Jewish World Review Oct 5, 2011 / 7 Tishrei, 5772
Obama's Terrorist Dilemma
By Jonah Goldberg
I agree with the Obama administration's decision to kill the American-born al-Qaeda recruiter
Here's Secretary of Defense
I agree with that. The Constitution empowers the president to put down insurrection, and what was Awlaki if not an insurrectionist? From the Whiskey Rebellion to the Civil War to World War II, there have been times when presidents legally and constitutionally treated American citizens as enemy combatants. Awlaki hardly seems deserving of special treatment.
Moreover, the authorization for the use of force passed on
It doesn't say anything about exempting Americans. If news reports, statements from U.S. officials and Awlaki himself are to be believed, Awlaki was a member of al-Qaeda. Moreover, he helped orchestrate and incite violence aimed at the U.S. He never denied the charges against him but hid outside of U.S. jurisdiction fomenting violence against America.
And yet, I sympathize with critics on the far left and libertarian right who find the whole thing unseemly. Surely when an American is in the crosshairs, there's a higher political bar, even if there isn't a higher legal or constitutional one.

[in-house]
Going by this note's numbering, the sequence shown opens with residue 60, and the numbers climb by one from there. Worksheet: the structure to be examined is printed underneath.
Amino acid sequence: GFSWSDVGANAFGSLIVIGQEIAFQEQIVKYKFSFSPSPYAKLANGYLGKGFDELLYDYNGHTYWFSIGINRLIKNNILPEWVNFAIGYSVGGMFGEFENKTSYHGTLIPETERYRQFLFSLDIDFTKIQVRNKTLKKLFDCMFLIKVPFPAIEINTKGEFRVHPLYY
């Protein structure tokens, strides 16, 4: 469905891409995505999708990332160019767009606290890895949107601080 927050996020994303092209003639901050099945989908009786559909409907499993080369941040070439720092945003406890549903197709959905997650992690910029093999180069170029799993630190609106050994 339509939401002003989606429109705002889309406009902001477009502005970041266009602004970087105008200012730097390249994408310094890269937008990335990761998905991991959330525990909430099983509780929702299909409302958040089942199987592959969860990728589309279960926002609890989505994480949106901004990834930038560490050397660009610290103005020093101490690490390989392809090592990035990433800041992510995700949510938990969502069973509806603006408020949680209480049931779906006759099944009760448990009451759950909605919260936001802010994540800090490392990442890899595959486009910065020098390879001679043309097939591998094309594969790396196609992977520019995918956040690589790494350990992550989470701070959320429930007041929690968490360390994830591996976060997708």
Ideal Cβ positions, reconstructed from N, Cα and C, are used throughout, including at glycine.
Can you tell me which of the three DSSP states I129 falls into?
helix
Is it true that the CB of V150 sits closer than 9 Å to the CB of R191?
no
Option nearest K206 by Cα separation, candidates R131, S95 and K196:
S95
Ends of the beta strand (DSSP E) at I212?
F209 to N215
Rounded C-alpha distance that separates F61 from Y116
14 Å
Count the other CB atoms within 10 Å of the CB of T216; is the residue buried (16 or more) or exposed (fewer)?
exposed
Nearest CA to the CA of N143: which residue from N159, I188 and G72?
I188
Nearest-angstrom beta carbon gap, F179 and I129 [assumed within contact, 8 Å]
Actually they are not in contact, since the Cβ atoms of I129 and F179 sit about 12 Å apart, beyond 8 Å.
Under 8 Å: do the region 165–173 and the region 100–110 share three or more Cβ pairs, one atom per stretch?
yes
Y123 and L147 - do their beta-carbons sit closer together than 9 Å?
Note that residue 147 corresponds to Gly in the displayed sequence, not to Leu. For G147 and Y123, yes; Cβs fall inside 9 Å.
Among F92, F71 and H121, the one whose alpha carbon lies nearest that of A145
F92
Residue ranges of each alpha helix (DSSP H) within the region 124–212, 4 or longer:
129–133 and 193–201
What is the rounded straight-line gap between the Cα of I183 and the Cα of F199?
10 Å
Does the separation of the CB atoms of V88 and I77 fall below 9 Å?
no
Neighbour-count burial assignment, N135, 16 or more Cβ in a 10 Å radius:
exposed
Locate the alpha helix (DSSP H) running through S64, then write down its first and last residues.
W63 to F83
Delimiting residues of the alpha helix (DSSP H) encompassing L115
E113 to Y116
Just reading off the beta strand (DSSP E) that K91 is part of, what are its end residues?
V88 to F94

Carney's response: "I'm not going to ... discuss the circumstances of his death."
The mind reels to think how people would have responded if
But here's where I am confused. According to Attorney General
It seems the
Meanwhile, President Obama keeps ordering that the more famous terrorists be killed on sight. That's fine with me. But as far as I can tell, he's never disagreed with Holder's view about the need for civilian trials for terrorists we don't kill, like
Hence my confusion. If you believe that even non-American terrorists should be treated like American criminals, with all of the Fifth Amendment rights we grant to our own accused, how can you sanction killing an American without so much as a hearing?
The Fifth Amendment says that no person shall be "deprived of life, liberty or property without due process of law." A Predator drone strike seems to deprive all three.
Which would you prefer: to be arrested, possibly waterboarded and then tried by a U.S. military court in
And let's not forget, these missiles aren't that surgical. They kill the people around the target too. In this case
And that's the point, really. If captured alive, terrorists pose political problems for Obama. Where do we put them? How do we interrogate them? And, most pressingly, how do we try them?
I don't think those are tough questions. But Obama does. So he prefers to kill these people outright, avoiding the questions altogether.
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